• 4. In the Spotlight Dr. Taneyhill received her B.A. in Chemistry/Biochemistry from McDaniel College, where she chemically characterized anti-cancer compounds as part of her undergraduate research training at the National Cancer Institute in Frederick, MD. It was her mentors at McDaniel, Drs. Marilyn and Rick Smith, who piqued her interest in science, particularly carry out research to address human disease. She received her M.A. and Ph.D. in Mo- lecular Biology from Princeton University, working with Dr. Arnold Levine to elucidate molecular mechanisms underlying Wnt-induced mammary tumor formation using cultured cells. It was Arnie’s enthusiasm for science, along with his faith and confidence in her scientific abilities, which propelled Dr. Taneyhill to pursue postdoctoral studies with Dr. Marianne Bronner at Caltech. Here Dr. Taneyhill took advantage of her graduate training in molecular biology to adapt several assays to the developing chick embryo to shed light on how immotile neural crest cell precursors become migratory through an epithelial-to-mesenchymal transition (EMT). Under Marianne’s guidance, Dr. Taneyhill discovered a passion for development, and in particular, the formation of the neural crest, a multipotent cell population that gives rise to various derivatives, including the peripheral nervous system, craniofacial skeleton, skin pigment cells, and portions of the heart. Dr. Taneyhill came to the University of Maryland in October 2007, and her lab is currently exploring how cellular junctions, or the glue that keeps cells together, are dismantled to generate migratory cell types during EMT, and later re-assembled to allow multiple cell types to interact to create new tissues and organs. To address these questions, Dr. Taneyhill utilizes both chick neural crest and placode cells, which are initially stationary but later become migratory through modulation of cell junction components and adhesion. This research is significant and will impact society by enhancing our understanding of the molecular mechanisms underlying the generation of migratory cells, a process co-opted during human diseas- es such as cancer, and the intercellular interactions required to create more complex structures in an embryo or adult organism. Understanding how multiple cell types communicate and interact to generate a new tissue or organ is the focus of the NIH grant Dr. Taneyhill has recently re- ceived. This grant will advance the laboratory’s research by informing future translational studies involving in vivo tissue/organ repair and/or ex ovo organ culture and development, with the ultimate goal of developing new treatments for affected individuals. Dr. Lisa Taneyhill is an associate professor in the Department of Animal and Avian Scienc- es. She was awarded a grant from the National Institute of Dental and Craniofacial Re- search at the NIH. The Taneyhill lab studies the neural crest formation in the avian (chicken) embryo to better understand overall animal growth and development. Dr. Dan Butts is an assistant professor in the Department of Biology. He was awarded an Early Career award from the National Science Foundation studying the impact of large- scale brain activity on sensory processing. His lab is the NeuroTheory Lab, which develops new computational approaches to understand neuronal processing of vision and audi- tion. Dr. Butts received his B.A. in physics and mathematics from Oberlin College. After working a year abroad in Copenhagen, he went to graduate school at UC Berkeley in physics to study condensed matter theory (often referred as “systems physics”). He was drawn to Berkeley because his doctoral advisor, Dan Rokhsar, was planning on using approaches from this field to study what seemed like more interesting problems in Biolo- gy. As Dr. Butts became involved in an initial project with a nearby lab, studying how early neural activity in retina guidesbrain development, he fell in love with neuroscience and based his dissertation around development in the visual pathway, even as his advisor movedinto genomics. Knowing very little Biology at the time, Dr. Butts hoped to be able to contribute with approaches derived from his training as a physicist. Howev- er he was highly influenced by the director of the collaborating lab, Dr. Carla Shatz, who believed that experimental neuroscience training was a prerequisite to being a good theorist. She invited him to join her lab as she moved to Harvard Medical School, in order to experimentally test theoretical predictions Dr. Butts made in graduate school. The postdoc training under Dr. Shatz was essential for his futureresearch at the inter- face of experimental and theoretical neuroscience. Dr. Butts’ passion became to understand how the brain processes sensory information: how neural circuits are able to transform the concrete physical stimuli detected by primary sensory receptors to the “abstract” understanding, such as knowing the objects that comprise the visual scene or the meaning of the words we hear. After establishing himself studying these problems in positions at Harvard University and Weill Cornell Medical College, he joined the faculty at University of Maryland in 2009. His lab combines new computational methods with tailored experiments in collaboration with a number of neurophysiology labs. Projects focus on understanding how natural stimuli (such as those that potentially have abstract meaning) are processed through successive computations across visual and auditory areas. These studies typically involve complex stimuli, as well as the study of their processing in relevant behavioral contexts, necessitating the use of sophisticated analytical tools in combination with carefully designed experiments. Dr. Butts recently received an Early Career Award from NSF to use such approaches to gain insight into how sensory processing is shaped by perceptual and behavioral events. His long-term goal is to use the resulting links be- tween observable neural activity and perception and behavior to understand how information processing goes wrong in cases ofmental illness and brain damage, and thus how it might be treated.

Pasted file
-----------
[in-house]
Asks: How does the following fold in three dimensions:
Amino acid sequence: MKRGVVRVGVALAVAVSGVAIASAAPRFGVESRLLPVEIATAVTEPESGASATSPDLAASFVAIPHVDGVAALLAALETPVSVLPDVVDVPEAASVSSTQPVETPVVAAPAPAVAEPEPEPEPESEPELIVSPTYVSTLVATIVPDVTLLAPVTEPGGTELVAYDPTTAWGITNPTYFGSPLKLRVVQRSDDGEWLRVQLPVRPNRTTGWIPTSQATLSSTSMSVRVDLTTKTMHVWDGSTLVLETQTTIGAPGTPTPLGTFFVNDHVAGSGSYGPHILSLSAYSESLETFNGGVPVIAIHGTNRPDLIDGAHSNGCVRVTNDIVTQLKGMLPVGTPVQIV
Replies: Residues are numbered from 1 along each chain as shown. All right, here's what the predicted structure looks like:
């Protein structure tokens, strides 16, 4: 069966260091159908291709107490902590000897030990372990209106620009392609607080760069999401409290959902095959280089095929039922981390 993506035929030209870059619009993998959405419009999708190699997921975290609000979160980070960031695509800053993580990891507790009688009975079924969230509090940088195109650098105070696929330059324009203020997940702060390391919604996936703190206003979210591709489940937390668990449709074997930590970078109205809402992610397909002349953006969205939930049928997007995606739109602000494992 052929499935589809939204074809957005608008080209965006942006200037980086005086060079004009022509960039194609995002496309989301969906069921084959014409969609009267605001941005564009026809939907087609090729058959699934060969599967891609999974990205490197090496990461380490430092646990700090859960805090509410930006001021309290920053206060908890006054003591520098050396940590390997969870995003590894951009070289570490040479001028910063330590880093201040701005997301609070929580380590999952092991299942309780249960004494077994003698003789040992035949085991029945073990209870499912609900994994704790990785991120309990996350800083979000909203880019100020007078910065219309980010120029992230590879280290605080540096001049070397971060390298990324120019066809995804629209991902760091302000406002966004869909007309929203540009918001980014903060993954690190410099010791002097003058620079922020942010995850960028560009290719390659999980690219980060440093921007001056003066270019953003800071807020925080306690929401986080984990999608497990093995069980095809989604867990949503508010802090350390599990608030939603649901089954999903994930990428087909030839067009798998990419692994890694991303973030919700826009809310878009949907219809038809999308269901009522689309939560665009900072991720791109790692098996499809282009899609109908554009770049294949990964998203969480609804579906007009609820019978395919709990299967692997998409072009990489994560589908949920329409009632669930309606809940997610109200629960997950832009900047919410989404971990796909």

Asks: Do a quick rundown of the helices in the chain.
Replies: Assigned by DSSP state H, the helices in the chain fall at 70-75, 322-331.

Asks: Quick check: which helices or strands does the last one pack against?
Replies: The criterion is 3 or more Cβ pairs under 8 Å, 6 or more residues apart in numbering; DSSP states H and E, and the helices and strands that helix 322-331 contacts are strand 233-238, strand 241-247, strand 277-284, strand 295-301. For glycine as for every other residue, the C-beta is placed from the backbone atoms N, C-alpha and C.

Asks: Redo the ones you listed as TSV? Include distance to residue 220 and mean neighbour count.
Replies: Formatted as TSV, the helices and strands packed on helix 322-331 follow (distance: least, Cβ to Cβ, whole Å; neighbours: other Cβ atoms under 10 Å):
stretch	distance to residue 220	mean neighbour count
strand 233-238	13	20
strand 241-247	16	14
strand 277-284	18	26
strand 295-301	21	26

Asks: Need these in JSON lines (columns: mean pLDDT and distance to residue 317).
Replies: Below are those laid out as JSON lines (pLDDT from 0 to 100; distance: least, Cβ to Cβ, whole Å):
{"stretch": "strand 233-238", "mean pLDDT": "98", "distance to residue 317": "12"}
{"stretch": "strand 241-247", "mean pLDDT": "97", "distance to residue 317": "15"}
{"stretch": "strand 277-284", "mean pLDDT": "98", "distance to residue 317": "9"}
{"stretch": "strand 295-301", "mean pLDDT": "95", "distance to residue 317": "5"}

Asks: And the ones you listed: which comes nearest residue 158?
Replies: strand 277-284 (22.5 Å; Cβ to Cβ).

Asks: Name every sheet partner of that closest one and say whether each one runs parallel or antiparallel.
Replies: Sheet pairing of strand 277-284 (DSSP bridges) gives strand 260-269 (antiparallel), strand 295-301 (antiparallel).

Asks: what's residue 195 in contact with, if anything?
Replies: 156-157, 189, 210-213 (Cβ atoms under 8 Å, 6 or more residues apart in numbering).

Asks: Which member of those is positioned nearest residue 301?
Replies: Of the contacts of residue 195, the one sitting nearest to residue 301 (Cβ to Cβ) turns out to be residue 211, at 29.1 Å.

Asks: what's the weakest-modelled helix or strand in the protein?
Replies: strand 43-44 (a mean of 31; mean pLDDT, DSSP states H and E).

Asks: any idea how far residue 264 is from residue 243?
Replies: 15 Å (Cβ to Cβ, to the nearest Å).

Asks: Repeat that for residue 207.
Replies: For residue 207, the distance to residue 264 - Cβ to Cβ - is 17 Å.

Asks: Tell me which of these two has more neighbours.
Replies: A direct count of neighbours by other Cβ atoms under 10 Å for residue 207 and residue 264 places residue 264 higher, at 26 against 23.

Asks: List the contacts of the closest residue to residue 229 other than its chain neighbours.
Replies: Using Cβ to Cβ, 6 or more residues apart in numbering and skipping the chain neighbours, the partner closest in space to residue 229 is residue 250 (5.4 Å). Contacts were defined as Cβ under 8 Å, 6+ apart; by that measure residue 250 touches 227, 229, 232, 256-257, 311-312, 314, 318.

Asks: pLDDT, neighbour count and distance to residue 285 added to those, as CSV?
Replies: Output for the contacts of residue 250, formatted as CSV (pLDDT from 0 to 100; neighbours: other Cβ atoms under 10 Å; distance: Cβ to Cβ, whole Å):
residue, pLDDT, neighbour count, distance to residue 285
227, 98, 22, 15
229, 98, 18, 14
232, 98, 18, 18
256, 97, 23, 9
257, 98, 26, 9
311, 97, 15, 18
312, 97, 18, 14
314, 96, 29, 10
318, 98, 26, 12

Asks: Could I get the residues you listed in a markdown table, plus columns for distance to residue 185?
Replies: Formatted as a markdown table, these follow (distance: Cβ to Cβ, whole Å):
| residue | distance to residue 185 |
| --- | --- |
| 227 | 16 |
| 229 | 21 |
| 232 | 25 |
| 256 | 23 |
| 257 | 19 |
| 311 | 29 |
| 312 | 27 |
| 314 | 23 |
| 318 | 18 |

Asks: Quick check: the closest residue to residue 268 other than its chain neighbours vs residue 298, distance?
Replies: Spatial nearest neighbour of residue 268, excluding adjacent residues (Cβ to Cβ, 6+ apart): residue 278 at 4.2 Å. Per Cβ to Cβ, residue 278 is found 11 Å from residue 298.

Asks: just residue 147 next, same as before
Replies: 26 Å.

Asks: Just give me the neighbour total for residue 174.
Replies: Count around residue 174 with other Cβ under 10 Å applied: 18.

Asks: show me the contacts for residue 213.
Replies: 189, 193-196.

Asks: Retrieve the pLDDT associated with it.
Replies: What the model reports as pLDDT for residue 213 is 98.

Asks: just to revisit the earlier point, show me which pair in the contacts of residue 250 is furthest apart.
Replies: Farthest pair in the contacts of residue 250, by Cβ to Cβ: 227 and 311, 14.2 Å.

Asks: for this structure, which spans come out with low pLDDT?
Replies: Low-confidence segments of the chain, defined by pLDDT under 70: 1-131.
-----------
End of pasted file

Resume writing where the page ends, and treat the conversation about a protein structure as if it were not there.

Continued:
• 5. Mark Hallett, senior investigator at the National Institute of Neurologi- cal Disorders and Stroke, received at 2014 Lifetime Achievement Award from the American Association of Neuromuscular and Electrodiagnostic Medicine. He also received a Federal Laboratory Consortium for Tech- nology Transfer (FLC) Mid-Atlantic Regional Award for Excellence in Technology Transfer, Deep Transcranial Magnetic Stimulation Coil, and Therapy System. This year he also became a honorary member of the Austrian Parkinson Society. Derek Paley, associate professor in Aerospace Engineering, was awarded the A. James Clark School of Engineering E. Robert Kent Teach- ing Award for Junior Faculty in 2014. Colin Phillips, professor in Linguistics and director of the Language Science Center, received an National Science Foundation Research Train- eeship Program training grant (2015-2020). The project is called “Flexibility in language processes and technology: human and global scale.” Dr. Phillips is PI on the grant. Rochelle Newman, chair of the Hearing and Speech Sciences Department and associate director of the Language Science Center, and Bill Idsardi, chair of the Linguistics Depart- ment, are co-PI’s on the grant. Patrick Kanold, associate professor in Biology, received a Brain Initia- tive Grant to develop new imaging technologies and data analysis tech- niques that will further our understanding of how large networks of neurons in the brain interact to process sensory information. What’s New with Faculty? Faculty Awards and Achievements Samira Anderson, assistant professor in Hearing and Speech Sciences, received a Hearing Health Foundation Grant for her work in “Neural adaptation in hearing aid users.” Gregory Ball, professor in Psychology and dean of the College of Behav- ioral and Social Sciences, was named a 2014 Fellow by the American Association for the Advancement of Science. Dan Butts, assistant professor in Biology, received a National Science Foundation Early Career Award for his research in "Network Modulation of Cortical Neuron Computation.” Nan Ratner, professor in Hearing and Speech Sciences, was named a 2014 Fellow by the American Association for the Advancement of Sci- ence. Dr. Ratner is also a 2014 honor award recipient of the American Speech Language and Hearing Association. Naomi Feldman, assistant professor in Linguistics, was awarded an NSF grant for collaborative research “Cognitive models of the acquisition of vowels in context” with Micha Elsner at Ohio State University. Tracy Riggins, assistant professor in Psychology, is the PI on a grant called “Hippocampal-memory Network Development and Episodic Memory in Early Childhood.” This grant is funded by the National Institute of Child Health and Human Development. Matt Roesch, associate professor in Psychology, received an R21 grant for his research studying “Neural mechanism underlying social recognition of reward.” This grant is funded by the National Institute of Mental Health. Alex Shackman, assistant professor in Psychology, and Luis Pessoa, professor in Psychology, were awarded a Level II Dean’s research initiative grant from BSOS for their collaborative research aimed at understanding the neural circuitry shared by anxiety, pain, and exec- utive cognition. Jonathan Simon, professor in Electrical and Computer Engineering and Biology, was awarded a grant from NIDCD for his research in “Auditory Scene Analysis and Temporal Cortical Computations.” He also received a UMCP ADVANCE Program Interdisciplinary and En- gaged Research Seed Grant for research on the “Effects of Aging on Speech-in-noise Processing in the Auditory Cortex and Midbrain.” In addition, along with Eliot Hong at the University of Maryland Balti- more, Jonathan was awarded a UMCP-UMB seed grant called “Temporal Auditory Coding in Schizophrenia and Treatment Re- sistant Auditory Hallucination.” Bob Slevc, assistant professor in Psychology, and Rochelle New- man, chair of the Hearing and Speech Sciences Department, were awarded a grant from the Grammy Foundation for their collaborative research to investigate why musicians show advantages in second- language learning as adults, particularly in learning the sound struc- ture of new languages. Lisa Taneyhill, associate professor in Animal and Avian Sciences, received a grant from NIDCR for her research “Neural crest and plac- ode cell interactions during cranial gangliogenesis.” She also received a Research Scholar Grant from the American Cancer Society for her research “Coordinated regulation of cadherins in the neural crest."
  • 6. We would like to take this opportunity to remind you that you can donate to the NACS Program Gift Fund. The NACS Gift Fund is a very important source of funding for our program. We use the funds to pay for expenses that we can- not pay for using our state funds, such as appreciation gifts or awards and our recruitment event. Donating is easy and simple. To donate go to our website and click on “Give to NACS.” Support NACS! NACS Facts! NACS sponsors or co-sponsors several events each year: NACS Seminars Cognitive Science Colloquia Language Science Day Maryland Day Volunteer for Outreach! Neuroscience and Cognitive Science Program | T: 301-405-8910 | Email: 2131 Biology-Psychology Bldg, University of Maryland, College Park, MD 20742 Contact Information Director: Jens Herberholz, Ph.D. ( | Assistant Director: Pam Komarek ( ) Admin Assistant: Emerald Brooks ( | Grants Development: Katie Sacksteder ( The NACS Outreach Committee is a student-led program to bring neuroscience and cognitive science into the community. By taking science to schools and other community venues, they are fostering a potential interest in science for future generations and enhancing their abilities to communicate science to a diverse audience. If you are interested in participating, email .